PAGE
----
Like much of Biden’s, at times, halting approach toward the war, the report released to Congress on Friday drew criticism from across the political spectrum. Progressives described the report as lacking moral clarity about a humanitarian catastrophe, while pro-Israel groups called it the latest example of the president undermining a key ally in the middle of a war.

The bipartisan praise Biden received for his early response to the Oct. 7 attack against Israel has all but disappeared, replaced instead by acrimony. In an election year already marked by protests and counterprotests, Biden faces the risk that voters who disapprove of his handling of the war in Gaza for disparate reasons could disrupt his path to a second term.

“There are two large groups of voters in the United States today when it comes to the domestic protests: people who want the president to stop the rage and people who want the president to solve the issues that have created the rage,” said Russell Riley, a presidential historian at the University of Virginia’s Miller Center. “The president’s fundamental problem is that he has little real power to do either.”

NYT (“The U.S. criticizes Israel for failure to protect civilians in the Gaza conflict“) adds:

[T]he report — which seemed at odds with itself in places — said the United States had no hard proof of Israeli violations. It noted the difficulty of collecting reliable information from Gaza, Hamas’s tactic of operating in civilian areas and the fact that “Israel has not shared complete information to verify” whether U.S. weapons have been used in specific incidents alleged to have involved human rights law violations.


The report said its findings were hampered in part by the challenges of collecting reliable information from the war zone and the way Hamas operates in densely populated areas. It also stressed that Israel has begun pursuing possible accountability for suspected violations of the law, a key component in the U.S. assessment about whether to provide military aid to allies accused of human rights violations.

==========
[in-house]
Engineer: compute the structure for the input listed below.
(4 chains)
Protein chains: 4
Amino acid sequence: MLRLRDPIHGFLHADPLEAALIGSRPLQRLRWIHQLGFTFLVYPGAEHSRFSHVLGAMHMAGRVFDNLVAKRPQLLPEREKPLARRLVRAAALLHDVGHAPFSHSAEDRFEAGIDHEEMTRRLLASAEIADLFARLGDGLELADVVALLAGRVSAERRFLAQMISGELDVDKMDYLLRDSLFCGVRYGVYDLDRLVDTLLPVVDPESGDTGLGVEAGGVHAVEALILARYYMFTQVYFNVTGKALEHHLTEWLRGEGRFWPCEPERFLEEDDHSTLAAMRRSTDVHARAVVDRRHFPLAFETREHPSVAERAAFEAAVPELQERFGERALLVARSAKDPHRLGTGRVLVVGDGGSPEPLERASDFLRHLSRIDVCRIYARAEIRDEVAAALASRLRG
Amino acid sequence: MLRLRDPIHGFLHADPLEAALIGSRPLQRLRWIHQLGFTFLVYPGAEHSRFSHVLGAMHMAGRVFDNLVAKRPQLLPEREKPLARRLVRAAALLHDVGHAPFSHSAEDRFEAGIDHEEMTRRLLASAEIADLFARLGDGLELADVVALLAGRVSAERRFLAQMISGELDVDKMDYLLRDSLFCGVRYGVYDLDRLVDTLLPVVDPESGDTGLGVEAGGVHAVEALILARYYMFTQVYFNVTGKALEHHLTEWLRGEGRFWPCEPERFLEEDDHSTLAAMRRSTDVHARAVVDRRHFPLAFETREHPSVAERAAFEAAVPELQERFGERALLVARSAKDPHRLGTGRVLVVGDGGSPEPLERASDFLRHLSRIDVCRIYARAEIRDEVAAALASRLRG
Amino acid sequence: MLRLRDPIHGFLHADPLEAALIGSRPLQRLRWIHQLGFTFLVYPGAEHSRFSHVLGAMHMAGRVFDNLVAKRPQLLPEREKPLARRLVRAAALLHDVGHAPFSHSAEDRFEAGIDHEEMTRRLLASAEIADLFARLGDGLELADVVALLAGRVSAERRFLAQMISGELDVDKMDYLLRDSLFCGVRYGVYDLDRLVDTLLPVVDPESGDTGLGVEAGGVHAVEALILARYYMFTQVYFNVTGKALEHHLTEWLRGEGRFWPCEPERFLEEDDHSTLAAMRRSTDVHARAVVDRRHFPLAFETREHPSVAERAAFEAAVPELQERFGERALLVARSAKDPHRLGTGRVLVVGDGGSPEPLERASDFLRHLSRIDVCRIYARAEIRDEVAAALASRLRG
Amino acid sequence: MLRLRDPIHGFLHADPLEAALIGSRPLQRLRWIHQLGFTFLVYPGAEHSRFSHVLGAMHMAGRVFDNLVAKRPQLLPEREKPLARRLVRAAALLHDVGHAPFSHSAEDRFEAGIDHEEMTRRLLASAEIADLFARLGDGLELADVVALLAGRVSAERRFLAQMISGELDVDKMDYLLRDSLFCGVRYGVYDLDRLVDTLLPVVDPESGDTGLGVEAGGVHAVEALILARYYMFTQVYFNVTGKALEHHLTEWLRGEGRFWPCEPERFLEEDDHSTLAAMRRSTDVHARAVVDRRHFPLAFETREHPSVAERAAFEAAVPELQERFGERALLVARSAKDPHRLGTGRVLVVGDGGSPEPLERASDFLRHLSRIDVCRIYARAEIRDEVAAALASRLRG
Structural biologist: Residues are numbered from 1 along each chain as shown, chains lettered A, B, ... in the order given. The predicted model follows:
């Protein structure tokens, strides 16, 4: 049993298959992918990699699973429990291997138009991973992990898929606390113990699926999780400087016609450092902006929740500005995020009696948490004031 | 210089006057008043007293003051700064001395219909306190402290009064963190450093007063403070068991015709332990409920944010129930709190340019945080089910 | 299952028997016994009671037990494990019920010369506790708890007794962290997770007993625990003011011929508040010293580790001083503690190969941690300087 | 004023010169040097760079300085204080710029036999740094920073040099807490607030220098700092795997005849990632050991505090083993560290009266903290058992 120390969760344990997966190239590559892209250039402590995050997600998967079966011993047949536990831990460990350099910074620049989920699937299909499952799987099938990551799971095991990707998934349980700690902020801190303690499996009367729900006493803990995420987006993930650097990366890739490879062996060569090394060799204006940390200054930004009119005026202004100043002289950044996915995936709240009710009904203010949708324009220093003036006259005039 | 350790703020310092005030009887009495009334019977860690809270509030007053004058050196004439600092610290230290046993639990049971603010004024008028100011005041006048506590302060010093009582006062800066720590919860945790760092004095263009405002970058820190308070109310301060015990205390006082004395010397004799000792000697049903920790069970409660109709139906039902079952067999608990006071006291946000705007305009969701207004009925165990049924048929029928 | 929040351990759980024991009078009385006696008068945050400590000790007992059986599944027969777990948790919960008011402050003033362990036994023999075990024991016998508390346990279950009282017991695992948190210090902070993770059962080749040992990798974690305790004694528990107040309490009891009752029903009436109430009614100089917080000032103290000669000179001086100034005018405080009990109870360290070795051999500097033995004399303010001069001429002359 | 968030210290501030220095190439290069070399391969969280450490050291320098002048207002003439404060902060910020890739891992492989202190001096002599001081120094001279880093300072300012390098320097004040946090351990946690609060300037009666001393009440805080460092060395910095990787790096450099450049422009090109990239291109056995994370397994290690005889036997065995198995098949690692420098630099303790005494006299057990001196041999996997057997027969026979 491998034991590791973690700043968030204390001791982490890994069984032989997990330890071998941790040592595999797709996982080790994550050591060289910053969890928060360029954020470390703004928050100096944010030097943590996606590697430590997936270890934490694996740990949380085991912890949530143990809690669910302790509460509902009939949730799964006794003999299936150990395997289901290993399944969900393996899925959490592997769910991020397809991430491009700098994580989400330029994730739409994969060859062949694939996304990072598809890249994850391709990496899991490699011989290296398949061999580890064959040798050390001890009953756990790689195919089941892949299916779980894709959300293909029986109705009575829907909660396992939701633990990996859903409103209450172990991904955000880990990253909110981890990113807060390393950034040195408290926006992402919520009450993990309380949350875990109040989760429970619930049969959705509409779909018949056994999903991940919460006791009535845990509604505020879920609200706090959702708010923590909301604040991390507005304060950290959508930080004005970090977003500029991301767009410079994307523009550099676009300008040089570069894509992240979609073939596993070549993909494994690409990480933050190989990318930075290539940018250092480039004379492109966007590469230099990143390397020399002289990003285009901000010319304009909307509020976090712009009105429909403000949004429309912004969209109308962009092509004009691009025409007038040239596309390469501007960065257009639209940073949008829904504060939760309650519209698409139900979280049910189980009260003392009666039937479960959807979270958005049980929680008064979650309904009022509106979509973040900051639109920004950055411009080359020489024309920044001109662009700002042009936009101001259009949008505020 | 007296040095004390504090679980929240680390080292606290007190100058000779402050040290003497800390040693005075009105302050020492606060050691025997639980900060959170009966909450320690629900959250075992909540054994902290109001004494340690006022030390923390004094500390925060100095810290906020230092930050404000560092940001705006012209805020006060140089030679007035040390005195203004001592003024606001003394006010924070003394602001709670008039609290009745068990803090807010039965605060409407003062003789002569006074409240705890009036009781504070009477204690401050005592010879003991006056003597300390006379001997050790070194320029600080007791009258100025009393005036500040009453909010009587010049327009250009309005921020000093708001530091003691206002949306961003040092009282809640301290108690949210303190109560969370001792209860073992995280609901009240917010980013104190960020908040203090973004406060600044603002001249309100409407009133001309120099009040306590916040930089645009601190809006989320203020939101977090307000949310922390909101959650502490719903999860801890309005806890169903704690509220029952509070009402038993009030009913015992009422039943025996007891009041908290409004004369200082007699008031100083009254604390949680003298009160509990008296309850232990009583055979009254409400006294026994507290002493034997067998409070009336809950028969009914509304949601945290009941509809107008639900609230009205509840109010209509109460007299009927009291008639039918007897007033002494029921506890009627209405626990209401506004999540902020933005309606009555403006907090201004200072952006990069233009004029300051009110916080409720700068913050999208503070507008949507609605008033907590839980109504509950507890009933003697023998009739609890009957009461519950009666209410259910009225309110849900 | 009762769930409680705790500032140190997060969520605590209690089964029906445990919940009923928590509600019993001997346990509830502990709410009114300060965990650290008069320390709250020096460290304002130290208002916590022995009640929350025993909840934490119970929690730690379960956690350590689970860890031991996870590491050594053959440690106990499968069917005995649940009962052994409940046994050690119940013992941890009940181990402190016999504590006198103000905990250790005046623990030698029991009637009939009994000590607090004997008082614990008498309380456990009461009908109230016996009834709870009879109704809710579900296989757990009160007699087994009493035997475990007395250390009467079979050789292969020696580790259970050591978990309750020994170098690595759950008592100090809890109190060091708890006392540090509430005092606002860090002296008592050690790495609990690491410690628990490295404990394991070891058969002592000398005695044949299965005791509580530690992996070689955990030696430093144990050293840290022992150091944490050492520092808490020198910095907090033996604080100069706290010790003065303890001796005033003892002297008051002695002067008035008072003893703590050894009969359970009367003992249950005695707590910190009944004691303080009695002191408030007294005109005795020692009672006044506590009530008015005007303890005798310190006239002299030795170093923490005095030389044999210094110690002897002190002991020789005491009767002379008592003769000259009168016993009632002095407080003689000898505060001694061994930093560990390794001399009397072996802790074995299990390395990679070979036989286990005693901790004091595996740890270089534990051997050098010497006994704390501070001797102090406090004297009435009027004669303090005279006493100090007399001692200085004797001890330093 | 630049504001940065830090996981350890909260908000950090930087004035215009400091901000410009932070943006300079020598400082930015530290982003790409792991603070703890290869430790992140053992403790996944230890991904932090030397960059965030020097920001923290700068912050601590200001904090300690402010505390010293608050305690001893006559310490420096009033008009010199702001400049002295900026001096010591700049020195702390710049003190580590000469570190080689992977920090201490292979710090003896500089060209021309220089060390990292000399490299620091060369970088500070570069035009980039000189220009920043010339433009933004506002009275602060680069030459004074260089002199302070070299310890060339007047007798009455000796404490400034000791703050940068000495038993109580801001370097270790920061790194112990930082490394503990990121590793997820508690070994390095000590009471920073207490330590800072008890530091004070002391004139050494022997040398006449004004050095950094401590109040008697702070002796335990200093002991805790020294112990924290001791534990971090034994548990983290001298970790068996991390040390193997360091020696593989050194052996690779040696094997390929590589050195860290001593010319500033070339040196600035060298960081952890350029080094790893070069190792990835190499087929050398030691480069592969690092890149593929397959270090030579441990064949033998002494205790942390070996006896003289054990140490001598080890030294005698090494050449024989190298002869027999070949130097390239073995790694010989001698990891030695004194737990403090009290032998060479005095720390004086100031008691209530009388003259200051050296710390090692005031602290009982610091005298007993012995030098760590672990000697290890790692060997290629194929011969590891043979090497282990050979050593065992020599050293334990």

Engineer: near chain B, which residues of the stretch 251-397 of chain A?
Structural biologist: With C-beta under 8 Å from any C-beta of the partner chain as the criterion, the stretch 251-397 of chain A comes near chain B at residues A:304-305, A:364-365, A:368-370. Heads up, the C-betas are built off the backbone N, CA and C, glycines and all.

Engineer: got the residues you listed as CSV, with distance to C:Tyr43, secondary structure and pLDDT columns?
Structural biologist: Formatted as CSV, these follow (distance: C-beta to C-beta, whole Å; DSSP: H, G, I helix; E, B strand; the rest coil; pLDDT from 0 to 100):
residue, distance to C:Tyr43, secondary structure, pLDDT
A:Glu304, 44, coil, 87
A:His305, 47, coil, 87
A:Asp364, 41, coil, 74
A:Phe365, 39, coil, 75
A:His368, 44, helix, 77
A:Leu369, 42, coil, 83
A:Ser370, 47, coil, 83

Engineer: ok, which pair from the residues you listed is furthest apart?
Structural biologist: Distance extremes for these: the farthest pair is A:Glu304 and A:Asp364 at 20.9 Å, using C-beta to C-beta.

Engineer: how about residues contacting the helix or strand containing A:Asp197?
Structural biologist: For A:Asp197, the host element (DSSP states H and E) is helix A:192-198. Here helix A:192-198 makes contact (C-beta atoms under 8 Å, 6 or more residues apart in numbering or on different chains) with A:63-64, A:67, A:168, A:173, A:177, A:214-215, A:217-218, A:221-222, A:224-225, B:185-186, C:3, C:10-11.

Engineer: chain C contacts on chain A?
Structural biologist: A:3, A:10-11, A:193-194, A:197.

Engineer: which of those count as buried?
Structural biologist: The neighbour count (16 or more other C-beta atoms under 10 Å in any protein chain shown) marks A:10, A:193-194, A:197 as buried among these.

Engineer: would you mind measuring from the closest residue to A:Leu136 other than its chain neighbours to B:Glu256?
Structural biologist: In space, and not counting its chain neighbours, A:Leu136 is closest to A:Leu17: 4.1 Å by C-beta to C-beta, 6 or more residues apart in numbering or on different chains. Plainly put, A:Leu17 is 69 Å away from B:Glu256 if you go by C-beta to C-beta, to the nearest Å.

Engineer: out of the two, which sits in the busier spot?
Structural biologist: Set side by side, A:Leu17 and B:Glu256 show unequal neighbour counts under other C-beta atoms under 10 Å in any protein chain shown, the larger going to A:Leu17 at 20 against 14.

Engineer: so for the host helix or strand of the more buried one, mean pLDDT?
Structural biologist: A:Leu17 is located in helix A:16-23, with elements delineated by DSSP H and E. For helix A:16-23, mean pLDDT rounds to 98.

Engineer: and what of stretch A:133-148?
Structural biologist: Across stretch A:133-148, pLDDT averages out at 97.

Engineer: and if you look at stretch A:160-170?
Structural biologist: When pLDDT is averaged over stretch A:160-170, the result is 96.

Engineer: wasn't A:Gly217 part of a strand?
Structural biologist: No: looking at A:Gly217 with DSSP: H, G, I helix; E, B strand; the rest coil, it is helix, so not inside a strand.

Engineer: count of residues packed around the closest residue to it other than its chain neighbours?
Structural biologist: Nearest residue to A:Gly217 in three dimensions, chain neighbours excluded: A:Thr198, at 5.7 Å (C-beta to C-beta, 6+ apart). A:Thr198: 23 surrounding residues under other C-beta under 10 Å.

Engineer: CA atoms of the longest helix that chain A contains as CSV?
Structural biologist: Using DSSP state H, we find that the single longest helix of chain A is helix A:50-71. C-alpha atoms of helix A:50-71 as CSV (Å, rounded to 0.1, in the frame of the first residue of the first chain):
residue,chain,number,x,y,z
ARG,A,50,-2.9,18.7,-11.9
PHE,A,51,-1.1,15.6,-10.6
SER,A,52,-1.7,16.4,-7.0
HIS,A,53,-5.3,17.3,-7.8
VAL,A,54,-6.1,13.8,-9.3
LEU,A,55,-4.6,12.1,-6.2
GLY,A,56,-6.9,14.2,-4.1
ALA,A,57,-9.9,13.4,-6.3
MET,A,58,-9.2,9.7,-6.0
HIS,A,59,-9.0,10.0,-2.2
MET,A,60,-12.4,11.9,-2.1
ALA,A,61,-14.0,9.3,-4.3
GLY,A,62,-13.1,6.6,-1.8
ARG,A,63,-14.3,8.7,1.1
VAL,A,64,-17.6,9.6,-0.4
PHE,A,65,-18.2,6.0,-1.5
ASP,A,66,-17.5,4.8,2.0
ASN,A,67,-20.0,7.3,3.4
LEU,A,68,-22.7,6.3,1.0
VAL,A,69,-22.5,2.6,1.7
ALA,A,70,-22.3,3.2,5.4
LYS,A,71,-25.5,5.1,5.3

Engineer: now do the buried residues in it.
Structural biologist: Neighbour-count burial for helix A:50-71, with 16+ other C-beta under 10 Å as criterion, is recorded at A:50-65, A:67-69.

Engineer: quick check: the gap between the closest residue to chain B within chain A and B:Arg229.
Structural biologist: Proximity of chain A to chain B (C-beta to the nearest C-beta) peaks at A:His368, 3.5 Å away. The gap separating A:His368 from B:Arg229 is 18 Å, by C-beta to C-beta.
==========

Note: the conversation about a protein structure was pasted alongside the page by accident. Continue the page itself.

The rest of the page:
Israel has opened criminal investigations into the conduct of its military in Gaza, the report said, and the Israel Defense Forces “are examining hundreds of incidents” that may involve wartime misconduct.

The report also did not find that Israel had intentionally obstructed humanitarian aid into Gaza.

While it concluded that both “action and inaction by Israel” had slowed the flow of aid into Gaza, which is desperately short of necessities like food and medicine, it said that “we do not currently assess that the Israeli government is prohibiting or otherwise restricting the transport or delivery of U.S. humanitarian assistance” into the territory.


Brian Finucane, a former State Department lawyer now with International Crisis Group, said the report “bends over backwards” to avoid concluding that Israel violated any laws, a finding that would place major new pressure on Mr. Biden to restrict arms to the country.

Mr. Finucane, a critic of Israel’s military operations, said that the report was “more forthcoming” than he had expected, but that he still found it “watered down” and heavily “lawyered.”

The findings further angered a vocal minority of Democrats in Congress who have grown increasingly critical of Israel’s conduct in Gaza. They argue that Israel has indiscriminately killed civilians with American arms and intentionally hindered U.S.-supplied humanitarian aid.